Definition of proselyte in English:
1A person who has converted from one opinion, religion, or party to another.
- I have found this in the case of Buddhism, which doesn't advocate proselytes, and somewhat in Judaism - which doesn't seek to convert either but many followers certainly have a great pride in it and wish to express this.
- For in politics, as in religion, it is equally absurd to aim at making proselytes by fire and sword.
- From either side of the Atlantic, two of the more influential proselytes of that degenerate old collectivist have chosen to re-iterate all the old myths once again.
1.1A Gentile who has converted to Judaism.
- More likely, they were Jews or Gentile proselytes who knew about the God of the Old Testament but not about Jesus, his death, his resurrection, and salvation through him.
- How could it be otherwise, when all of the first Christians were Jews and when, on this reading, both the fourth evangelist and his primary readers were Jews and Jewish proselytes?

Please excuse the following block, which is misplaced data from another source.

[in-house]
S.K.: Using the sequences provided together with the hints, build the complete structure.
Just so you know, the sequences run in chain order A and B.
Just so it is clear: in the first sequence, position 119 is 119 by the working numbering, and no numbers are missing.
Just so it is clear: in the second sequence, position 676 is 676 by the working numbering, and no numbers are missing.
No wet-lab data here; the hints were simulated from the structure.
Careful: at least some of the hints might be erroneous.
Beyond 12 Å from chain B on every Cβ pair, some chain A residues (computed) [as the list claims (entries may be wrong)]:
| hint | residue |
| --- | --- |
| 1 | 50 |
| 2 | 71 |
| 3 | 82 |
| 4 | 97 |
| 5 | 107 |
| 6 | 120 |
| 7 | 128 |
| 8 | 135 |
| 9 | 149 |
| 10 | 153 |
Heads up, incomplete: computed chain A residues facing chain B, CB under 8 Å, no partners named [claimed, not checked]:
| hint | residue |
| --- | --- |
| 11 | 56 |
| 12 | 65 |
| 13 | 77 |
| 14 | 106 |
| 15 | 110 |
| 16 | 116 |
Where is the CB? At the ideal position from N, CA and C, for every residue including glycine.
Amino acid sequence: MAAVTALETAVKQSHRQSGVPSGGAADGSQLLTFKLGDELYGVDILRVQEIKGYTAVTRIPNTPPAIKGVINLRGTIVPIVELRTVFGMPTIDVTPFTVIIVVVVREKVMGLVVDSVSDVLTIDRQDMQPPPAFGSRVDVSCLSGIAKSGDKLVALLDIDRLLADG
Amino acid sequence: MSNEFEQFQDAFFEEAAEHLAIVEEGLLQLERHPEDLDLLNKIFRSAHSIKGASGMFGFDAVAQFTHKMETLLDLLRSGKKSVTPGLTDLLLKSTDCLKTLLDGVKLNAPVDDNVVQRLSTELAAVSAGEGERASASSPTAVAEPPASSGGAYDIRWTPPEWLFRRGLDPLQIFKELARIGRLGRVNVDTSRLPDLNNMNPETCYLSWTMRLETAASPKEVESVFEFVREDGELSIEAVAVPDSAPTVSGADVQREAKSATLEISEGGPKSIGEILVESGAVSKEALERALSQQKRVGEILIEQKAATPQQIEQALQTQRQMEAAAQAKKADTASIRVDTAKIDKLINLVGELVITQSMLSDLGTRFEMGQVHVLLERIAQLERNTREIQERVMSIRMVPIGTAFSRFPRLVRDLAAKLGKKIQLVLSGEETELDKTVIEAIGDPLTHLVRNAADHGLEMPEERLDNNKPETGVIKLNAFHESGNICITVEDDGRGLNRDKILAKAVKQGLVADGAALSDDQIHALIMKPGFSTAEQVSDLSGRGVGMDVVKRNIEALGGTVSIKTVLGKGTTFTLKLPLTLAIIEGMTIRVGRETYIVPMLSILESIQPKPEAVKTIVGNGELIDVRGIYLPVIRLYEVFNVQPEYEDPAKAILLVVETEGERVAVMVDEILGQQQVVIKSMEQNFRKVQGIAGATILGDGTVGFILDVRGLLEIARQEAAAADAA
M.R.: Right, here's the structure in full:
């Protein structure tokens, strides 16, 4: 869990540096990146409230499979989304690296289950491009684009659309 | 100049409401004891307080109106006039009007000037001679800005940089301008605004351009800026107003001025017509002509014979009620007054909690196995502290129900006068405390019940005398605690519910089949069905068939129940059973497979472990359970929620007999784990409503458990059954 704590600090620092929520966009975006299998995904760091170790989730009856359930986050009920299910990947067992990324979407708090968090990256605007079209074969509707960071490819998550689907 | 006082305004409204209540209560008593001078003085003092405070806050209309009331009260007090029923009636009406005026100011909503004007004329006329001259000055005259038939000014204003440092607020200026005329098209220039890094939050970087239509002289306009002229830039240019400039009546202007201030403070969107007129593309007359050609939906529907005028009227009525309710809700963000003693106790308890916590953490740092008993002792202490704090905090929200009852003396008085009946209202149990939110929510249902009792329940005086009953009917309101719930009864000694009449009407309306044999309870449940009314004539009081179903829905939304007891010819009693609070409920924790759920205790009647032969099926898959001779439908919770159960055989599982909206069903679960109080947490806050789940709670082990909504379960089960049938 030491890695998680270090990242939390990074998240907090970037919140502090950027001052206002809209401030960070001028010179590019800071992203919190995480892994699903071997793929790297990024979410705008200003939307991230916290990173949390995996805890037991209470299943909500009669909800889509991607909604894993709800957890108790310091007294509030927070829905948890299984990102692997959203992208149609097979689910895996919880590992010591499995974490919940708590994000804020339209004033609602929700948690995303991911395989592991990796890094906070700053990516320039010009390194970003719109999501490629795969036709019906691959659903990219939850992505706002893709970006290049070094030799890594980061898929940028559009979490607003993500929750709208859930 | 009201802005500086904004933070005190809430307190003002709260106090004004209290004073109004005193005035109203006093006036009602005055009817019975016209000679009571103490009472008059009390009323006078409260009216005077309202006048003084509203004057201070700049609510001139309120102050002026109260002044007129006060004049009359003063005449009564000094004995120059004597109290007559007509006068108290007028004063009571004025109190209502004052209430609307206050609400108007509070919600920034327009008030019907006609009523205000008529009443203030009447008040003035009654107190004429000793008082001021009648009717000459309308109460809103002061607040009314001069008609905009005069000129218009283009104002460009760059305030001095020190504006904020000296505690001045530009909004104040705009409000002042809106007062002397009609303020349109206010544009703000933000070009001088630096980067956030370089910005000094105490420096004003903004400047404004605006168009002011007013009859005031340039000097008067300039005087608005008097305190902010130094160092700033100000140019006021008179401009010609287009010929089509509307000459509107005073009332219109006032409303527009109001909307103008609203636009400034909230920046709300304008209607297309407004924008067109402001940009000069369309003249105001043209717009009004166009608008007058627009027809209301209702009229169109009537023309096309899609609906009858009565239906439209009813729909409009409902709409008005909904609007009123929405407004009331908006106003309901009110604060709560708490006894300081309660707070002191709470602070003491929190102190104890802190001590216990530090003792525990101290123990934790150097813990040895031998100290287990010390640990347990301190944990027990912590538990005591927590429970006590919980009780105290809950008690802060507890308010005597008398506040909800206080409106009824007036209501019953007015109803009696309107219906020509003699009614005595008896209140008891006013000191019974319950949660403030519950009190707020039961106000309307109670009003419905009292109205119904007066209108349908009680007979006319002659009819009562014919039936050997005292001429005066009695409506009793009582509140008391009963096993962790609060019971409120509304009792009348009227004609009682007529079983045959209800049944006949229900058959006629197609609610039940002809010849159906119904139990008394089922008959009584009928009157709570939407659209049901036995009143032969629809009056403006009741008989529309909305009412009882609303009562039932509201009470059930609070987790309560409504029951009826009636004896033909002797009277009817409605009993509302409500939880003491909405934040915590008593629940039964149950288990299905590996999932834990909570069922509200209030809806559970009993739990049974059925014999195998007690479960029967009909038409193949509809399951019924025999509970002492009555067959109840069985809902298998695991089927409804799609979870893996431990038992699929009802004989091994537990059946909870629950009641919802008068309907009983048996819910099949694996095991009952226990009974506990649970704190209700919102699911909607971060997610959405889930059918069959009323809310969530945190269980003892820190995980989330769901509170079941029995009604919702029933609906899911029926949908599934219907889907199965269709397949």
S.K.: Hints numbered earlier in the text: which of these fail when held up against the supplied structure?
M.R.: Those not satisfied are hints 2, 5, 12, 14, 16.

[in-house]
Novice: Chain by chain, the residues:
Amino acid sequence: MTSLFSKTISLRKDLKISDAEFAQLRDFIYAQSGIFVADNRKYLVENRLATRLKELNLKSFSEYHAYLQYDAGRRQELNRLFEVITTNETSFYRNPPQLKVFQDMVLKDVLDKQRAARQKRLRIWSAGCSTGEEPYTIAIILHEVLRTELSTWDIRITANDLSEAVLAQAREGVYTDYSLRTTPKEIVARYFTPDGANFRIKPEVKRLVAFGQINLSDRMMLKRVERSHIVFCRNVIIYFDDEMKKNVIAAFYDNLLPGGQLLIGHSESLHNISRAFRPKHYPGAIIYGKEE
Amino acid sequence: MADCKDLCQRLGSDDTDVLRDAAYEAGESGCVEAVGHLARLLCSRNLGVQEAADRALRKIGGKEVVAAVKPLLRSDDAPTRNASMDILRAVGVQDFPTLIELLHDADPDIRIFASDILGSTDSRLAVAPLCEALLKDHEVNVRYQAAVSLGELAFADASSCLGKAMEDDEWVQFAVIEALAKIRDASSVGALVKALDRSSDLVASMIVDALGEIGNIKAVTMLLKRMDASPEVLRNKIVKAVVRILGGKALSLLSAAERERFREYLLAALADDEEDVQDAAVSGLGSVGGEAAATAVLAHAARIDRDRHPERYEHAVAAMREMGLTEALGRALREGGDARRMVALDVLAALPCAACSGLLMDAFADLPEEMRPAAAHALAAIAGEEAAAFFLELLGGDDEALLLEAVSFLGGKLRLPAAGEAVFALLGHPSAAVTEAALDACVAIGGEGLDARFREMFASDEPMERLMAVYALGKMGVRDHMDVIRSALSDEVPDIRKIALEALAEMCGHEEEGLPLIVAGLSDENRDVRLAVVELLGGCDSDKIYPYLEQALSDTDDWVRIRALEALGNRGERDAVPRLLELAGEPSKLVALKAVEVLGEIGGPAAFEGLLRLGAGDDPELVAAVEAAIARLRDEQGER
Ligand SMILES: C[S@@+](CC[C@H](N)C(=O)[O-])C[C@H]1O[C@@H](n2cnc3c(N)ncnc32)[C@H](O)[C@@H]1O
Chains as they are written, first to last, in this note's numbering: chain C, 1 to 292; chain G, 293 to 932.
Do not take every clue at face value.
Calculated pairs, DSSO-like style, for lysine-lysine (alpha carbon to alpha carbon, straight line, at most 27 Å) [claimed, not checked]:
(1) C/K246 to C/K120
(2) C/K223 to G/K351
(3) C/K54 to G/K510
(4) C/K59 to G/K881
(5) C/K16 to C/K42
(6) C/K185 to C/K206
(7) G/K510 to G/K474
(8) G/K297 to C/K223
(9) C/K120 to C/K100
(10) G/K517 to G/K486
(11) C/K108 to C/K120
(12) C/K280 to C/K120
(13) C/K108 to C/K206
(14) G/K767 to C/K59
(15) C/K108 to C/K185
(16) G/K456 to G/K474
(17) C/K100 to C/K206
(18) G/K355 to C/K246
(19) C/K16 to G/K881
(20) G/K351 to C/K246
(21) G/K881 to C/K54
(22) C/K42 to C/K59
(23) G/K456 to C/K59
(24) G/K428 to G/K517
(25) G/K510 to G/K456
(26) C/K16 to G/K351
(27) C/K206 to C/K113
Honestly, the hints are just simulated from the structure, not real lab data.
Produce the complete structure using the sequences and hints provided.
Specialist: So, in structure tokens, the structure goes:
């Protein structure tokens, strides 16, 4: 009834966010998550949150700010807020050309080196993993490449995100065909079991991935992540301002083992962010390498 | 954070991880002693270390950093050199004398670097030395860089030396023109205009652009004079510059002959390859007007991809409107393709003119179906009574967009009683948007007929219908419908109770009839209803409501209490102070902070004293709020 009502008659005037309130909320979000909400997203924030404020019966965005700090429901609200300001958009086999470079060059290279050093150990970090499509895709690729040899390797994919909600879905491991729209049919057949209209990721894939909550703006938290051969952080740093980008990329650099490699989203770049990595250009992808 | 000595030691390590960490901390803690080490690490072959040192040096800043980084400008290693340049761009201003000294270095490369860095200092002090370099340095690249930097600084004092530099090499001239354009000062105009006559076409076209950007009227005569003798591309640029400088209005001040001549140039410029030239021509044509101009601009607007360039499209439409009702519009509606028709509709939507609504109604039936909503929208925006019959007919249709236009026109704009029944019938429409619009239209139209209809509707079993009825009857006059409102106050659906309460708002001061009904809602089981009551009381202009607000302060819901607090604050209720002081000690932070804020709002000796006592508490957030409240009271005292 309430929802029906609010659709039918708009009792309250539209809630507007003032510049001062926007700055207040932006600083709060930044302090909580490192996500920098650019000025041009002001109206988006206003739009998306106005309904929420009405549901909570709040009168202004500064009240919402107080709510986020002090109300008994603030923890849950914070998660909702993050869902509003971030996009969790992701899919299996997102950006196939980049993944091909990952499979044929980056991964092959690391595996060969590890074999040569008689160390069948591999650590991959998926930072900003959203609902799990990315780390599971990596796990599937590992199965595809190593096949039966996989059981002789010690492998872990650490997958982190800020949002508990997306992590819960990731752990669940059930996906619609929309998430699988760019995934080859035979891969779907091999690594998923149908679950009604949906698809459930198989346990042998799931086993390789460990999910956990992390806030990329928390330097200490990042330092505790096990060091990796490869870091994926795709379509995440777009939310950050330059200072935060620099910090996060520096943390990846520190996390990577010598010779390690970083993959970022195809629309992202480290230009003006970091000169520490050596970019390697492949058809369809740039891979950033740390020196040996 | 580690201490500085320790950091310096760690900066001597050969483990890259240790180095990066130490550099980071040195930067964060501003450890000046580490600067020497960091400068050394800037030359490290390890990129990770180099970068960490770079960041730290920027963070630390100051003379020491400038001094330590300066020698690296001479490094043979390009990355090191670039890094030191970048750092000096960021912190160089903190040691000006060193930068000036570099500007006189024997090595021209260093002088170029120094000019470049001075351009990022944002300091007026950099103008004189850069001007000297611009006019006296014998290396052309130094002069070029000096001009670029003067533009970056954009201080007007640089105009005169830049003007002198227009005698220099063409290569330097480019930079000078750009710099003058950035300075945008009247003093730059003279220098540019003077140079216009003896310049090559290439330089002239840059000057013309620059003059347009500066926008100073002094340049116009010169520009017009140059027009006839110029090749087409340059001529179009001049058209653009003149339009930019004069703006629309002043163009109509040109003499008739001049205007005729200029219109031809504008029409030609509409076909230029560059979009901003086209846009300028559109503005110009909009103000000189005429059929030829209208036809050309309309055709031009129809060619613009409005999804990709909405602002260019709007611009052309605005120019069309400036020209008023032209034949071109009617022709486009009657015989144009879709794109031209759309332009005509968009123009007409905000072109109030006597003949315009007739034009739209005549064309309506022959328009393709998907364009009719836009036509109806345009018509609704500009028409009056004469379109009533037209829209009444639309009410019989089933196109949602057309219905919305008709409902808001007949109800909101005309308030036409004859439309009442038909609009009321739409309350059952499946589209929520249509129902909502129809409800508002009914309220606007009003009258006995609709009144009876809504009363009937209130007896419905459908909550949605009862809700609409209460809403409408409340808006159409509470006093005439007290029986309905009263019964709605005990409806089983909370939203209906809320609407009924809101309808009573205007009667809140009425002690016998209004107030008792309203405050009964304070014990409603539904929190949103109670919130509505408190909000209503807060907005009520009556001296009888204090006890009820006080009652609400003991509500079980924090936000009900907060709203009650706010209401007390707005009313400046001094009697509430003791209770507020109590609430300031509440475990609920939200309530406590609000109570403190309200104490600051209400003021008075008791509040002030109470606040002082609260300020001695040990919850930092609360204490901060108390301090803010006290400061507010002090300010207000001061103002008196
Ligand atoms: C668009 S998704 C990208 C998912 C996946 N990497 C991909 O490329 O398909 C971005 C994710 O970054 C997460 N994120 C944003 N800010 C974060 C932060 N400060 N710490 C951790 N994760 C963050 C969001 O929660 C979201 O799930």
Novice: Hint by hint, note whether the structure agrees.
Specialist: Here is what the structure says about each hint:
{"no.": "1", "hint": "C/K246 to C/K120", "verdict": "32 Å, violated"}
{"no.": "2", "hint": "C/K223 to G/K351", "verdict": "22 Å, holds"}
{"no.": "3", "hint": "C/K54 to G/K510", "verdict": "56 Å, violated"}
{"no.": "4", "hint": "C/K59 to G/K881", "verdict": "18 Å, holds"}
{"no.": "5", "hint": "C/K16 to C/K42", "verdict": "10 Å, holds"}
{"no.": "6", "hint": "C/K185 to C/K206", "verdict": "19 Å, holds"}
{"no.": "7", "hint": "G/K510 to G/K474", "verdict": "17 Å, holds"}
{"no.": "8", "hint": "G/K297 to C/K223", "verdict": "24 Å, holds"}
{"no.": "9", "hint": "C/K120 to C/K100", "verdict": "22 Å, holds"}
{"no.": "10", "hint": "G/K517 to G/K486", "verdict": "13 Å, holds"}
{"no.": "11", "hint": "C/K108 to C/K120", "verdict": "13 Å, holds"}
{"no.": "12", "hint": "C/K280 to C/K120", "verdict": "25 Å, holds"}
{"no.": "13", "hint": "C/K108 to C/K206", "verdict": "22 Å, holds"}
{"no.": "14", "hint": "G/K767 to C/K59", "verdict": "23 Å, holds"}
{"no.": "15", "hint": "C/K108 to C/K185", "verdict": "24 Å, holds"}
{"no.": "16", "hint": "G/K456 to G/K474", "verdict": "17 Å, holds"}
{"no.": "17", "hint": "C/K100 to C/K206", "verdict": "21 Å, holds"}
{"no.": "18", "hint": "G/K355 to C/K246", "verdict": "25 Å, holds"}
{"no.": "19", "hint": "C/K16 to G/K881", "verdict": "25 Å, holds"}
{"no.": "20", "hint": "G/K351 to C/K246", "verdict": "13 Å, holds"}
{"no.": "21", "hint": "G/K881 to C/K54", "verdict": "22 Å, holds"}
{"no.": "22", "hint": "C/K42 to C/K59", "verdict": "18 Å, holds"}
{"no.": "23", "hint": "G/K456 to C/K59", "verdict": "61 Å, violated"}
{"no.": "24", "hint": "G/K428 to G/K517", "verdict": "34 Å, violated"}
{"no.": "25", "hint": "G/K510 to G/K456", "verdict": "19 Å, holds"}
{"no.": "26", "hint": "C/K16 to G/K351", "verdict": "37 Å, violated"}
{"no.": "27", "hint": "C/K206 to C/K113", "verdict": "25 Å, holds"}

- The artist of the printed Amsterdam Haggadah, a proselyte by the name of Abraham bar Jacob, based his image on an unrelated image from the well-known Icones Biblicae of the Swiss artist Matthaeus Merian, first published in 1630.
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US term for proselytize.
- I think the churches are filled with people who have been proselyted to a religion.
- The Mormons had come as part of a great upsurge in proselyting to American Indians, known under doctrines of the faith as the ‘Lamanites.’
- On the other hand, it may very well be that proselyting the world has become so ingrained a habit that no change is possible.
- Example sentences
- Although Article 13 of the Constitution protects freedom of religious conscience and worship for known religions, proselytism is prohibited.
- The research presented in this book finds its anxiety about proselytism disproportionate and misplaced.
- Related to social disorganization, a second factor acting in favor of Protestant proselytism has been the failure of the economy in Latin America to empower most of its population to leave the ranks of poverty and underemployment.
Late Middle English: via late Latin from Greek prosēluthos 'stranger, convert', from prosēluth-, past stem of proserkhesthai 'approach'.
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